Connecting Young Alumni with Careers

With a shaky job market, many alumni offices are seeing rising demand from recent graduates and young alumni for networking and career help -- just as many undergraduate career offices are seeing rising demand for their services from students nearing graduation. We asked Matthew Donato, senior associate director of alumni career services for the University of Chicago Alumni Association, for advice on what alumni relations professionals can do better to help their young alumni connect with career opportunities.

Online Tools

"Particularly for young alumni, offer a strong set of online resources. Our young alumni expect to have these resources at their fingertips, whenever they want them."
Matthew Donato, U of Chicago

This means a website where young alumni can log in and find tools that might include:

  • Help with cover letter/resume writing
  • Tools for improving interview skills
  • Critique of practice interviews
  • A networking tool to find professional contacts in the young alumni community

Donato recommends cultivating an alumni careers network on LinkedIn. "Facebook often supports more social networking than professional networking," Donato advises. "Also, look to tools such as Twitter that you can use to provide advice and market some of your services to young alumni in a more transactional but also a realtime sense."

Promote Your Services

"Make sure that young alumni know there are services for them after they leave school. Make sure they know career services will continue after graduation."
Matthew Donato, U of Chicago

"Make sure your graduates know they can still access a career counselor," Donato advises, "or that they can access an alumni network and other tools."

Donato suggests use of multiple channels for marketing your services:

  • Blast emails to the alumni community -- customized to specific cohorts/regions
  • Advertise events and services through the alumni magazine or online newsletter
  • Twitter

You can also consider a short newsletter specifically targeted at your alumni careers network. For the University of Chicago Alumni Association, LinkedIn has proven an especially effective channel for marketing services. Having built the alumni career network on LinkedIn up to 7000-8000 members, Donato knows that he can market a day of half-hour career advising sessions to the LinkedIn network, and have those sessions filled within about a week.

Look at Low-Cost Initiatives to Foster Alumni Networking

"If you can invest even a modest amount into a system that can keep track of your career network," Donato suggests, "whether that means managing an alumni careers database or making use of a third-party platform such as LinkedIn, that is a huge value add for any institution."

"The most efficient use of your resources is to provide and promote an effective gathering point."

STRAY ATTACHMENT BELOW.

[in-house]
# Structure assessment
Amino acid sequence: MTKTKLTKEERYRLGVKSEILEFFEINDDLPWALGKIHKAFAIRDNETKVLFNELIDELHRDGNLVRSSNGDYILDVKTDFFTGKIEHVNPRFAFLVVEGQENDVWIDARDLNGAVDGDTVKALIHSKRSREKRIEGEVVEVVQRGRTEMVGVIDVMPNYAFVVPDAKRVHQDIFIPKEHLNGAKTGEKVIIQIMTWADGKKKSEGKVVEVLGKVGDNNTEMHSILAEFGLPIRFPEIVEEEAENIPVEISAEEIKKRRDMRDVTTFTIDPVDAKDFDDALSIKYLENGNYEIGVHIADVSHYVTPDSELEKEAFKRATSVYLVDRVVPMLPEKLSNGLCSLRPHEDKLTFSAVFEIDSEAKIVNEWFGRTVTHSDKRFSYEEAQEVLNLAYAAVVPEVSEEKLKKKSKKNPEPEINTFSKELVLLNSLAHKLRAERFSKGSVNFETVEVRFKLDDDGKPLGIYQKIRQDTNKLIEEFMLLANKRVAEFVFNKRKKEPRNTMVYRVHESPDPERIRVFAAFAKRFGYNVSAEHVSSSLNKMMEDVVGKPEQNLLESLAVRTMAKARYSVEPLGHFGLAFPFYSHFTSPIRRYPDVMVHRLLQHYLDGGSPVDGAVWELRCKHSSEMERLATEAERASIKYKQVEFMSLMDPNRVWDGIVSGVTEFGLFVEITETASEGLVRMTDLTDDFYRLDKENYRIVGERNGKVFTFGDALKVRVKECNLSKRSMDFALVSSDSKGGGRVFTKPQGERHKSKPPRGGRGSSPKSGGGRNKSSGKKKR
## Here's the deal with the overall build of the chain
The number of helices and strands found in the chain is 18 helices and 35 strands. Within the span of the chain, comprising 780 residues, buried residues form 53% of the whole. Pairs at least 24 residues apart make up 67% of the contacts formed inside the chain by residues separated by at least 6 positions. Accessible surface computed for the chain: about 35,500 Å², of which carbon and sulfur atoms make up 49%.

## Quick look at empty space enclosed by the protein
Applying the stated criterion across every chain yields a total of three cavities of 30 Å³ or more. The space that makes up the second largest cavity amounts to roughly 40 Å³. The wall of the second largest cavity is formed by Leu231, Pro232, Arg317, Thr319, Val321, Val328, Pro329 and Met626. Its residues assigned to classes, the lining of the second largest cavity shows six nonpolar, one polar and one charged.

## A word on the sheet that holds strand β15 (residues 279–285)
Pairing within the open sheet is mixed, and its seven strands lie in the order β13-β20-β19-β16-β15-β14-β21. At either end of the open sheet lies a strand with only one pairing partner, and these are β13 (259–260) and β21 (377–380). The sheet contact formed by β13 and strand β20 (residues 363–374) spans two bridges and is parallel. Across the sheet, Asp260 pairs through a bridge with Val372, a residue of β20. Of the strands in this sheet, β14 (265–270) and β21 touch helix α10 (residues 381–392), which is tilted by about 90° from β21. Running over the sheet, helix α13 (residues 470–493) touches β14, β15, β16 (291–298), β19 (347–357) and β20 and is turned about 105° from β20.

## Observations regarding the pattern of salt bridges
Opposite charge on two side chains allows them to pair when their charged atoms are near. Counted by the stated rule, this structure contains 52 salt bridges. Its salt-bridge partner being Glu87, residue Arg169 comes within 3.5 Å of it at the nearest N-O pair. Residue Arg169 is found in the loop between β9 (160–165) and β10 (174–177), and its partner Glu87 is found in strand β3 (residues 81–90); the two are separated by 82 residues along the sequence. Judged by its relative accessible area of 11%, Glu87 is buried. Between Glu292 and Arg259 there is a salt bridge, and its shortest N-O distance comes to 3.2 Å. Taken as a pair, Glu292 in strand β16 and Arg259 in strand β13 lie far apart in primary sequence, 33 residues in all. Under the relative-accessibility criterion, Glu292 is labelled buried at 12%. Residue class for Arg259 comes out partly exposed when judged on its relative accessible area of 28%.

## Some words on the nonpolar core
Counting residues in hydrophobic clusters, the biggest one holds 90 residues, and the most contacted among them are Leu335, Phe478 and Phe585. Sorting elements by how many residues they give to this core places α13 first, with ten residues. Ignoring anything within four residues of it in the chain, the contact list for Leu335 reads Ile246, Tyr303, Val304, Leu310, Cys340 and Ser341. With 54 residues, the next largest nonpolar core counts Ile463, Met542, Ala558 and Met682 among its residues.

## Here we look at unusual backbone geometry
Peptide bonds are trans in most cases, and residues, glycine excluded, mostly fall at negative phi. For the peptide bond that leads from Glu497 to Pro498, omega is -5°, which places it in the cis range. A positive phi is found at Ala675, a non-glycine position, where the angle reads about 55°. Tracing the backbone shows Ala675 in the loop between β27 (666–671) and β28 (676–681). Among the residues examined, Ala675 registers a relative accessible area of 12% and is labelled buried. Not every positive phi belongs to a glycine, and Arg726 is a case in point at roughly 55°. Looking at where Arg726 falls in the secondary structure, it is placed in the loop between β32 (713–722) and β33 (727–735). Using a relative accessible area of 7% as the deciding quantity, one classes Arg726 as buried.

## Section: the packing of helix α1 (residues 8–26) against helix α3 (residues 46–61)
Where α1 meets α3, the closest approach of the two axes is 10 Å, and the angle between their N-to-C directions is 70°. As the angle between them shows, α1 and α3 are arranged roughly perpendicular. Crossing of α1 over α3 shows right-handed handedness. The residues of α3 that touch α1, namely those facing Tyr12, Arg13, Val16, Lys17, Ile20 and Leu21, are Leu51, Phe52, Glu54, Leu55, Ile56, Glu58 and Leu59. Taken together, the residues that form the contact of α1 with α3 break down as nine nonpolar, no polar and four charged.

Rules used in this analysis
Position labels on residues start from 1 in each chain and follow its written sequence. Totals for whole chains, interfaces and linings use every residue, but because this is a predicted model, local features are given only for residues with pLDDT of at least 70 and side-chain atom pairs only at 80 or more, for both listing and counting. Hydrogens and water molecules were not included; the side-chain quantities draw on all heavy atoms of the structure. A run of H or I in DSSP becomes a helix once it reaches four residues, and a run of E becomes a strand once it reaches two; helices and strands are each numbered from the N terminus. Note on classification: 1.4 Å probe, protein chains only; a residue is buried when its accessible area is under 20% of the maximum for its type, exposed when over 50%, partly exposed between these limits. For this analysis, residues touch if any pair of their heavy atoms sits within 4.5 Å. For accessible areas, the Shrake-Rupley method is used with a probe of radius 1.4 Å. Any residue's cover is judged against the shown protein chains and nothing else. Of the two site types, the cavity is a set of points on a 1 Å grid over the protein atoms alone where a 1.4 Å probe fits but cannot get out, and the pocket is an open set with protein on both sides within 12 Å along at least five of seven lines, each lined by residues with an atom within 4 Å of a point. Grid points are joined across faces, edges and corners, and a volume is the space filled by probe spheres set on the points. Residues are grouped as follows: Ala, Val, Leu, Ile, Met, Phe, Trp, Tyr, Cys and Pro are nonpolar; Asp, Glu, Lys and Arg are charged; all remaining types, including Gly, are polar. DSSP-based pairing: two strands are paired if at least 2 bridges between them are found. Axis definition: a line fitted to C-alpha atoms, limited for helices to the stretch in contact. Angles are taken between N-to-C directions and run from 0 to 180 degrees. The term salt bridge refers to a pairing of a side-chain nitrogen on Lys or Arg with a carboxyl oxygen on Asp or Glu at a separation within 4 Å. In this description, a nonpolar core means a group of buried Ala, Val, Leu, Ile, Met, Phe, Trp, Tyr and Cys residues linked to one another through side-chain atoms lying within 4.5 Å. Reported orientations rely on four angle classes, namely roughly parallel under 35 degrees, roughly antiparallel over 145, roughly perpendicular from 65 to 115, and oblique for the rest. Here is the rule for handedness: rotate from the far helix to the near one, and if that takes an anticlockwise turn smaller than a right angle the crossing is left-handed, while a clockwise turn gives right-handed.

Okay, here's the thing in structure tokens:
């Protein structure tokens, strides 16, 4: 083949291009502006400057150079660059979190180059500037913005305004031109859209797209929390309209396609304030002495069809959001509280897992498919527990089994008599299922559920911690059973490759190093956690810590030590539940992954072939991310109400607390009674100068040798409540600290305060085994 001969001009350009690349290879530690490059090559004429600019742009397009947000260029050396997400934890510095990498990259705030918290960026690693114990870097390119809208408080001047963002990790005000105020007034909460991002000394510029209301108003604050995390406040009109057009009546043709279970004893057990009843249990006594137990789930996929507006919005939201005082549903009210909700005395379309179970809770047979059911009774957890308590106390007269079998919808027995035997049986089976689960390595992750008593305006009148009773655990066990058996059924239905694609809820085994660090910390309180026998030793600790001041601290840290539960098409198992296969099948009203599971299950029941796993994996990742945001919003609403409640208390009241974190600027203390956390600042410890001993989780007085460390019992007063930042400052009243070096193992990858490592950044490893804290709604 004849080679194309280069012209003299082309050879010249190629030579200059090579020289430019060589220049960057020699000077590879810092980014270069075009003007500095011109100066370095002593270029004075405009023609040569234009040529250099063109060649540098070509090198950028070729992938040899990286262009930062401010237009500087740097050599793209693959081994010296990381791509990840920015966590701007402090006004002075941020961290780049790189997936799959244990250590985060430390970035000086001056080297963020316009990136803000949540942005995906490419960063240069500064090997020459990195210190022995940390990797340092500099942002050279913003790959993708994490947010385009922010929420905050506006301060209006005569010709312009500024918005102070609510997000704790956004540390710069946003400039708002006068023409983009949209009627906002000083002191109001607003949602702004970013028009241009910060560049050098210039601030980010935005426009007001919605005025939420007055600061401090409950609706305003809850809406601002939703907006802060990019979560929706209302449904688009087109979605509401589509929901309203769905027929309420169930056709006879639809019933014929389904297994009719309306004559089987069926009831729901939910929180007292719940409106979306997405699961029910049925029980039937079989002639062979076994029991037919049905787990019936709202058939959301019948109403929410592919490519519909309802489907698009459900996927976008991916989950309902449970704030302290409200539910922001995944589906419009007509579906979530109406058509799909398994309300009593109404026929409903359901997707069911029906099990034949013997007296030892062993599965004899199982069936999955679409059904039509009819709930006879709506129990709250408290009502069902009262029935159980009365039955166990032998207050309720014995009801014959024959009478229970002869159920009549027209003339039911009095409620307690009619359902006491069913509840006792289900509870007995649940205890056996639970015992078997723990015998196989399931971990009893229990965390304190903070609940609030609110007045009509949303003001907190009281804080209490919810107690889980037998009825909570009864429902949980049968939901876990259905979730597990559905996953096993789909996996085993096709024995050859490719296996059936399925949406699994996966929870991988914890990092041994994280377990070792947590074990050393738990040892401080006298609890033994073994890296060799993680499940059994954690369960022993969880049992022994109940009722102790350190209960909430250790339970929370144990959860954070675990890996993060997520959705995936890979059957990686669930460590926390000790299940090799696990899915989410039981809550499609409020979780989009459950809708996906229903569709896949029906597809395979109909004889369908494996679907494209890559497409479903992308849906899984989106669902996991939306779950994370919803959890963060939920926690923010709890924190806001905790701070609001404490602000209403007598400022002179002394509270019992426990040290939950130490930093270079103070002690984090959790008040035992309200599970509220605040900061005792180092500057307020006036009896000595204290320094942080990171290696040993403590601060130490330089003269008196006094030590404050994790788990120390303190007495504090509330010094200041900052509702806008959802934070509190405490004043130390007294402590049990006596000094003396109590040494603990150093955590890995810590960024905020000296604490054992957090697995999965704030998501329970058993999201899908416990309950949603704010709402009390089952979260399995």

Matthew Donato, U of Chicago

Then, capture success stories from your alumni who are using that alumni careers network, and use those in promoting the network.

The second value add, Donado suggests, is to compile a list of career resources (such as career sites and databases) that alumni can access for free online. The University of Chicago Alumni Association has chosen to invest in a subscription to, in order to provide access to Vault's online career guides to their alumni. Not every institution will be able to afford a Vault subscription, but any effort you can put into becoming a hub of career resources for alumni will pay off in the long term. "The more you can collect resources for your alumni," Donato remarks, "the more engaged your alumni will be with your office. You should become a one-stop shop for them."

Move to a Volunteer-Driven, Staff-Supported Model

You want to expand services to young alumni, but you have limited resources and limited staff. "Lean on your alumni," Donato suggests. "Engage alumni as much as possible in helping you to develop, deliver, and execute career services programs."

For example, suppose that you want to organize networking events around the country each year. Create an event template that includes a description of the event and its goals, as well as the steps needed in order to organize the event. Suggest "5 things" an alum can do in their city. Then engage a volunteer to select one and carry it out.

"You can play more of a consultant role. Hand the ball to your alumni volunteers and ask them to move it down the field."
Matthew Donato, U of Chicago

"Work with your volunteers to get space donated for the event. You can subsidize catering or space if you think the event will be high-attendance, but try to give your alumni creative ways to execute meaningful events at a minimal cost." Donato notes that he has a team of 2 staff including himself, but that they are still able to hold many events each year in disparate locations through reliance on alumni volunteers.

A Win-Win: Partnering with Your Institution's Career Offices

Finally, you can share costs and resources by seeking a closer partnership with undergraduate and professional school career offices on your campus. The alumni relations office can recruit and manage alumni volunteers who can help meet many of the career office's needs. In return, an undergraduate career office can help provide content, career resources and interesting activities for events.

"We can help source the alumni volunteers they need," Donato notes, "and I can use this partnership with career services as a selling point for getting more alumni to volunteer: they get to counsel and advise students."